Versatile textbooks for Intermediate and Senior classrooms - Available in English and French!

Aboriginal Peoples in Canada & Aboriginal Beliefs Values and Aspirations - Pearson & Goodminds

 

These two texts, published in 2011, can most definitely be used beyond the Native Studies classroom and be useful for teachers at ALL levels who are looking to expand their own knowledge. If you are looking for a reliable resource for including Indigenous perspectives in your Law, Politics, Geography, History, Family Studies, Philosophy, or Religion & Spirituality classes, these are amazing references to ground your teaching. 


Both books are full of case studies and feature short and longer profiles of many Indigenous peoples ranging in age, experience, and profession.


These texts were written alongside a team of Advisers and Reviewers from a variety of Indigenous Nations as a resource to be used in the province of Ontario (however they do provide information about other provinces and territories). 

 

 

My favorite unit is #3 in Aboriginal Beliefs, Values, and Aspirations entitled Sovereignty and Self-Determination. I have not yet found another school-aged resource which covers this important topic, and does so clearly from the perspectives of diverse Indigenous peoples. 

 



These texts also have accompanying teacher guides, and are available in French! 


Questions to Consider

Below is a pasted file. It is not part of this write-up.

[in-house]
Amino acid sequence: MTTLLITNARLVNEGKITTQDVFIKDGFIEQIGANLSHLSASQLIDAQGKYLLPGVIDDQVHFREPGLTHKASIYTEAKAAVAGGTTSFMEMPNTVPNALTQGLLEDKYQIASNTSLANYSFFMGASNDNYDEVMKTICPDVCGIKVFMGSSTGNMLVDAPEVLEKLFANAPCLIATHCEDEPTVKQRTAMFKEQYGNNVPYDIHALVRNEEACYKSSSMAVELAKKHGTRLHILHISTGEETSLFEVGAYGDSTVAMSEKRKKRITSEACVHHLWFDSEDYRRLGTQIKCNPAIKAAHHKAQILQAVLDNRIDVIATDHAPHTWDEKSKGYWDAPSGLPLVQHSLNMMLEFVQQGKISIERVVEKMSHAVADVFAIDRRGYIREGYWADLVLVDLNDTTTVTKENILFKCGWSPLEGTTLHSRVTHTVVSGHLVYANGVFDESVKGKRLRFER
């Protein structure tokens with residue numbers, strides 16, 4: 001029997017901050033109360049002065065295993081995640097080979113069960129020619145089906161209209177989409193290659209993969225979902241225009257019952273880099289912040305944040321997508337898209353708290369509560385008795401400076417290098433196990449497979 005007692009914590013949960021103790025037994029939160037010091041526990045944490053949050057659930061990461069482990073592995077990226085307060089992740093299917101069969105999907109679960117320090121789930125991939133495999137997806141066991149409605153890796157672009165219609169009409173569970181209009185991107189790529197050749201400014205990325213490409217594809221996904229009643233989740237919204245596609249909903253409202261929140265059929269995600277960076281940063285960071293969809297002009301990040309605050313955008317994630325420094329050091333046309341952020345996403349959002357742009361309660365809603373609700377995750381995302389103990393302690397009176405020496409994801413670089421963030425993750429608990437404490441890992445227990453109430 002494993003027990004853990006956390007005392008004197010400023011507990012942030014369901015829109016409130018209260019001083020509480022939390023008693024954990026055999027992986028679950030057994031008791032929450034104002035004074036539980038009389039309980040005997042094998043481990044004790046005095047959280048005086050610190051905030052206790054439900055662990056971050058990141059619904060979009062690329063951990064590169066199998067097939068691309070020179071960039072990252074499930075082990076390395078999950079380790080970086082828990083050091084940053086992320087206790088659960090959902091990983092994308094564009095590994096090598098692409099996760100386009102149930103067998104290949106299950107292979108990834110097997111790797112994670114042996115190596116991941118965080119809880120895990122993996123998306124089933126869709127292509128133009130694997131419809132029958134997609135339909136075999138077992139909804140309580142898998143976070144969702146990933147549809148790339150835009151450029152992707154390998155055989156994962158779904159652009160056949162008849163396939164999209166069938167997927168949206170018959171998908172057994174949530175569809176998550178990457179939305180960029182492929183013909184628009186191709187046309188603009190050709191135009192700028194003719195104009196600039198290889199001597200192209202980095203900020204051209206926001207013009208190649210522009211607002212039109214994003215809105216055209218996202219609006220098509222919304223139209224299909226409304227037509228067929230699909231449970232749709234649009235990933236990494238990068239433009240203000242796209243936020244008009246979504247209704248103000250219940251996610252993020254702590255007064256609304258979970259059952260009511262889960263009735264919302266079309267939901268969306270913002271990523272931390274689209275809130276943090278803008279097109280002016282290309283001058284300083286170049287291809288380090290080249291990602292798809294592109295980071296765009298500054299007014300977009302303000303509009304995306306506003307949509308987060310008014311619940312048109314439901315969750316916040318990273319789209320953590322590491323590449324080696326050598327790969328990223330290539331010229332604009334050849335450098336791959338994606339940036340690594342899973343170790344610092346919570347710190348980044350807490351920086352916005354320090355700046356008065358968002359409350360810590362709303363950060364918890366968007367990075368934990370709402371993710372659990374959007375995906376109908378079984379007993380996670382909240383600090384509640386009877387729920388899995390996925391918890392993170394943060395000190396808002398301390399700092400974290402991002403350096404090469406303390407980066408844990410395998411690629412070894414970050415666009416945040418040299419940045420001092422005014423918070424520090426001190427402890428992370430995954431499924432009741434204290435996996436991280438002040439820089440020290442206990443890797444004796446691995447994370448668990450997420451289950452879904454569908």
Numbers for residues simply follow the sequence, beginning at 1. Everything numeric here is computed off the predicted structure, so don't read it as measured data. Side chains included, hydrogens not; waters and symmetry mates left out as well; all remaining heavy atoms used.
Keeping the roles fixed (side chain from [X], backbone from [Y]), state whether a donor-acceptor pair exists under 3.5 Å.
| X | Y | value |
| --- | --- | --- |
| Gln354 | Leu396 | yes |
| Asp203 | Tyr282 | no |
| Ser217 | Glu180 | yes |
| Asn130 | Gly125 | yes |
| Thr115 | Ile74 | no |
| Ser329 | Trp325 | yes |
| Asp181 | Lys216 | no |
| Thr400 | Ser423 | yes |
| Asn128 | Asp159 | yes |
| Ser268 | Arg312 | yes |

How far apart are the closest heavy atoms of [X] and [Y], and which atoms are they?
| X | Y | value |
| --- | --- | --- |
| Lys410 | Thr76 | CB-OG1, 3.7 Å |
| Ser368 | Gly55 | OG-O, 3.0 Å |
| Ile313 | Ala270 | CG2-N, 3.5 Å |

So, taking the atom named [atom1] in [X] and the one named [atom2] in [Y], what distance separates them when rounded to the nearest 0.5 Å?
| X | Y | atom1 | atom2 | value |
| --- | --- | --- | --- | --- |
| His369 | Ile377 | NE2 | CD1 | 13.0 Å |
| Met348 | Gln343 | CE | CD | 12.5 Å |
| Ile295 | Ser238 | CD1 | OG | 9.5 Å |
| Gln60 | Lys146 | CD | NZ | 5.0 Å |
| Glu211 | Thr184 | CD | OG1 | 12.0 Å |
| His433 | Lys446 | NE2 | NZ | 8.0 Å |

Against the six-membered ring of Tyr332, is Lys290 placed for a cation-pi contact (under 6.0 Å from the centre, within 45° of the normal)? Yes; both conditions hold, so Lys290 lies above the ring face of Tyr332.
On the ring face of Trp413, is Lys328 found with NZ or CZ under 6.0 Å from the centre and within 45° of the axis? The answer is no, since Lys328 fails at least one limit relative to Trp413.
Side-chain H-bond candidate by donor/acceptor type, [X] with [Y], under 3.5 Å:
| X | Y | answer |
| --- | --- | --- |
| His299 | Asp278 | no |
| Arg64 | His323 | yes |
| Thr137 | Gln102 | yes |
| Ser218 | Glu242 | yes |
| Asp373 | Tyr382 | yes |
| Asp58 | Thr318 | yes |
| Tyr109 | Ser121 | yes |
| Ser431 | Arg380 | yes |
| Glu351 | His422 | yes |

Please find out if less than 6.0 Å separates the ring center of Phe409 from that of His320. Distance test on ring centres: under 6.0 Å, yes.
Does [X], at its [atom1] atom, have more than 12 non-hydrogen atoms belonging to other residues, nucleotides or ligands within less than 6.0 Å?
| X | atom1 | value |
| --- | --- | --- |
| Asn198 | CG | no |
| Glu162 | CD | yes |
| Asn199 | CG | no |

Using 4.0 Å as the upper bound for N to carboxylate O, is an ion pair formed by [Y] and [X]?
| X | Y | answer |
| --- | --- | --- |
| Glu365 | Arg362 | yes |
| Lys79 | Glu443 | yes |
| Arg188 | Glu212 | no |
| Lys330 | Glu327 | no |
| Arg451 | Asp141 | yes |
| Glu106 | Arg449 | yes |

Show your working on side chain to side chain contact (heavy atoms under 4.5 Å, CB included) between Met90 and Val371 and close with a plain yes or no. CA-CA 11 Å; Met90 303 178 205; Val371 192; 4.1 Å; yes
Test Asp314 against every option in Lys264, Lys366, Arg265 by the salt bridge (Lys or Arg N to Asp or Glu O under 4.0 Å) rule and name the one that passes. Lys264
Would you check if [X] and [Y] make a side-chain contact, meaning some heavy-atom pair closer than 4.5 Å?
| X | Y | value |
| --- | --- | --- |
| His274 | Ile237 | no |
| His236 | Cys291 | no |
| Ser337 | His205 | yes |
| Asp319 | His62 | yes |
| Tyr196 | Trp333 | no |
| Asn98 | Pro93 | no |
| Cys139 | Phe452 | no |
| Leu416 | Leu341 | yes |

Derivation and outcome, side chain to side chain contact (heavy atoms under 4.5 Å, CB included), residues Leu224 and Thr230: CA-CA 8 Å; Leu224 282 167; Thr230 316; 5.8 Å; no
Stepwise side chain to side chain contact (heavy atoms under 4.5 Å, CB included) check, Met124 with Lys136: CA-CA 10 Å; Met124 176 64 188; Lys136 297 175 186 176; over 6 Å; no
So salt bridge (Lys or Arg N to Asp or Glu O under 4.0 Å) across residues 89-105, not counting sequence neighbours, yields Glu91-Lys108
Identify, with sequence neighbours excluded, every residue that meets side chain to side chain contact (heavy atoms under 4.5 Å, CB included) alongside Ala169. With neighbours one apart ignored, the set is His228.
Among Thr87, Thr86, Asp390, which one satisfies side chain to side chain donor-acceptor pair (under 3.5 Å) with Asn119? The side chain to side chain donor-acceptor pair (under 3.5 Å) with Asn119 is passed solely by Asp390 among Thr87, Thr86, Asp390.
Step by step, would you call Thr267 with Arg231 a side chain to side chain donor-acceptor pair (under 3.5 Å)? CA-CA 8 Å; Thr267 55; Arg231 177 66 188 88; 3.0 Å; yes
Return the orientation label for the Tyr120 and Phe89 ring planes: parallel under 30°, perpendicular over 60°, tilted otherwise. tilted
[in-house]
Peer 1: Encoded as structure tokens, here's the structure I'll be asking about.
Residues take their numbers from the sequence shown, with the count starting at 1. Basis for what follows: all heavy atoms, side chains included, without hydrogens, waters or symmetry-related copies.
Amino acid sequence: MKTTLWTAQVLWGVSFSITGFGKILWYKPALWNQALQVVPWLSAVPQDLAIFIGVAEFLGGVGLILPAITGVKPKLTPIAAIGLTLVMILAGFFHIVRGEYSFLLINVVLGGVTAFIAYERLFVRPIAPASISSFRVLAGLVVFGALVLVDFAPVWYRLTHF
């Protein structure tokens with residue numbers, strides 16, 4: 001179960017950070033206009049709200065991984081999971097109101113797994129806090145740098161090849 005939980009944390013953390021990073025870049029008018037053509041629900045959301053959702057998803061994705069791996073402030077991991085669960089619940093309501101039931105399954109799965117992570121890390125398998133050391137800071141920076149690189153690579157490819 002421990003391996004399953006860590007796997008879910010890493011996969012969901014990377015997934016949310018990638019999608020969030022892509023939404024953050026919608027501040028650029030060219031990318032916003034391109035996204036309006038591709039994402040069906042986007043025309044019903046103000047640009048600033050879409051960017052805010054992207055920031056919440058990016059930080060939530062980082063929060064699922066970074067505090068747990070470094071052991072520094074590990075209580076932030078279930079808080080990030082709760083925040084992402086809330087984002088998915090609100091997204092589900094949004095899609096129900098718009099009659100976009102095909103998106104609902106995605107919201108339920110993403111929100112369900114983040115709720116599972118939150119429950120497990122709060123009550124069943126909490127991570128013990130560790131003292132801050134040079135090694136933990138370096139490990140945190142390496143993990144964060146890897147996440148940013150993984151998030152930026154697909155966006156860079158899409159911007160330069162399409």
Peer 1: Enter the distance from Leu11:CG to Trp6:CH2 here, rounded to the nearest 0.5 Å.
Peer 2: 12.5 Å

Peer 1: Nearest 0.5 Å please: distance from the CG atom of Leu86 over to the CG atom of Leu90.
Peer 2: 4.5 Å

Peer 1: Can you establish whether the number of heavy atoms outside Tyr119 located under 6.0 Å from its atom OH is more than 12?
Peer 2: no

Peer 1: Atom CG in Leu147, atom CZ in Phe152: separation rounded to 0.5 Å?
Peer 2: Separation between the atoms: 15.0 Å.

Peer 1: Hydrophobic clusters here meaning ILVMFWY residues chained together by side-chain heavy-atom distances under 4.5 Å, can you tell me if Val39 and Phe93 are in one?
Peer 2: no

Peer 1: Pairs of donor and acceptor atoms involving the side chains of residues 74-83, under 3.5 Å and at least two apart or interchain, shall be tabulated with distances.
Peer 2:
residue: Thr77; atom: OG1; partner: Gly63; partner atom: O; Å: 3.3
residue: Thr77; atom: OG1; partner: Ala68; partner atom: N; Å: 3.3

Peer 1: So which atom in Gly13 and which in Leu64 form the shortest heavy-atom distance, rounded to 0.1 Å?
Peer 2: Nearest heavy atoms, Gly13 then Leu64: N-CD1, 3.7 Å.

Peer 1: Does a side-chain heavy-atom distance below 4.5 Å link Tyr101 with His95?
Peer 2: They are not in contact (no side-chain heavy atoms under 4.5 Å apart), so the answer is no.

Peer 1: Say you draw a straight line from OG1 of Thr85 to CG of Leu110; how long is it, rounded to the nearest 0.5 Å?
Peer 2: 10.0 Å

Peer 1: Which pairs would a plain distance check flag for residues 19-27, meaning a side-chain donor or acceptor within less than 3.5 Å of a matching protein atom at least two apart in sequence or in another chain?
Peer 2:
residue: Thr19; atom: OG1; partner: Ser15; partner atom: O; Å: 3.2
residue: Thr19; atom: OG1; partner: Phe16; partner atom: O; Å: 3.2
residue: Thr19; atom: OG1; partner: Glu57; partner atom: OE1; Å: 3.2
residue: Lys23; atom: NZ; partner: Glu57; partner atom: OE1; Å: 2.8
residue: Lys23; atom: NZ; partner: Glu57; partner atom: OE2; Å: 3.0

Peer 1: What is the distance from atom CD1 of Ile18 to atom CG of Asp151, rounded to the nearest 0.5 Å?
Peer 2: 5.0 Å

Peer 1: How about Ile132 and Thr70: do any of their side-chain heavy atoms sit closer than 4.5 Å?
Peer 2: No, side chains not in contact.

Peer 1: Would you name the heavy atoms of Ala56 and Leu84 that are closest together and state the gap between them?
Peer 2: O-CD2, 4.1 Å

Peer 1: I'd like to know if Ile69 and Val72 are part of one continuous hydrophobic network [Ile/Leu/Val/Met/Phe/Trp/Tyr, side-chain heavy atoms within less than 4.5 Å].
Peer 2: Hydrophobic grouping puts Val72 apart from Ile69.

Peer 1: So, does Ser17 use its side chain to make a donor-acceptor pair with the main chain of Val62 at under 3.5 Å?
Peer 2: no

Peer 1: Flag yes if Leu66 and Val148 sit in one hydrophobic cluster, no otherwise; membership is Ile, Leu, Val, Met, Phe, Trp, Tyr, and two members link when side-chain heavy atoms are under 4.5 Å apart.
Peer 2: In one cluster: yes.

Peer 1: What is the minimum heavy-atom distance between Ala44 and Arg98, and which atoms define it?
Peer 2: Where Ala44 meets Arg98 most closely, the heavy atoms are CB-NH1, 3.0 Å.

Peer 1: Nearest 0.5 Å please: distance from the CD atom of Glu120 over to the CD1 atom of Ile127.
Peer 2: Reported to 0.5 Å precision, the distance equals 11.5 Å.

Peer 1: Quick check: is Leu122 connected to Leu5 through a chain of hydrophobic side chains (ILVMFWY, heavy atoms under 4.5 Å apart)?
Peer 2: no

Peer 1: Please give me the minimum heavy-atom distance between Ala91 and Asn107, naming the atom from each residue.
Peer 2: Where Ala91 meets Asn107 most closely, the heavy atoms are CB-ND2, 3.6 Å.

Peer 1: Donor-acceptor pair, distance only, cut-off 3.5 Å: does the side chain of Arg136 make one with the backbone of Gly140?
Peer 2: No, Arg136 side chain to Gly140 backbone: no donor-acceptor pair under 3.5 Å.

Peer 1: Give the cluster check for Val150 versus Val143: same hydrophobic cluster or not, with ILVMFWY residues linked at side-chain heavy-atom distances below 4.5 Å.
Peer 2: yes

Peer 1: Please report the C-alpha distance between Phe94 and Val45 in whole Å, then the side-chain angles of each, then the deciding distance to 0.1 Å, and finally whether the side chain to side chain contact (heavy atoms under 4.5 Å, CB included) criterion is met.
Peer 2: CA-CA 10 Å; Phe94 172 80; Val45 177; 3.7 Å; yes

• What additional learning do I need to undertake to assist my students to extend their learning?
  • How can I interpret the curriculum to make room for Indigenous concepts, topics, or perspectives which are not included?

Interview with High School Teacher Laryssa Gorecki

 

Click here to download my interview with Laryssa! 

 

This month I conducted my first interview with Laryssa Gorecki, an English teacher at James Cardinal McGuigan Catholic High School in Toronto. She's been incorporating Indigenous content into her classroom in the West end of the city, and finding that her students from all different backgrounds have points of connection to the material.
 

Laryssa speaks to us about her unit, and addresses questions any teacher might have, including navigating her role as a relatively new learner in this area.

What does Laryssa teach?


The unit on Truth and Reconciliation examined the implications of using arts-based activities, including music, drama, and picture books, as a means to build student capacity for intercultural understanding, empathy, and mutual respect. Through an aesthetic approach, students actively engaged with the themes found in various artwork, songs, and narratives by Indigenous authors and artists. The unit culminated with a project expressing cognitive and aesthetic growth in our student community.

Resources Laryssa uses:

Students created final projects which displayed their learning in the unit. 

Students created final projects which displayed their learning in the unit. 

 

 

If you have feedback or questions for Laryssa, you can contact her via email or follow her on twitter @laryssagorecki1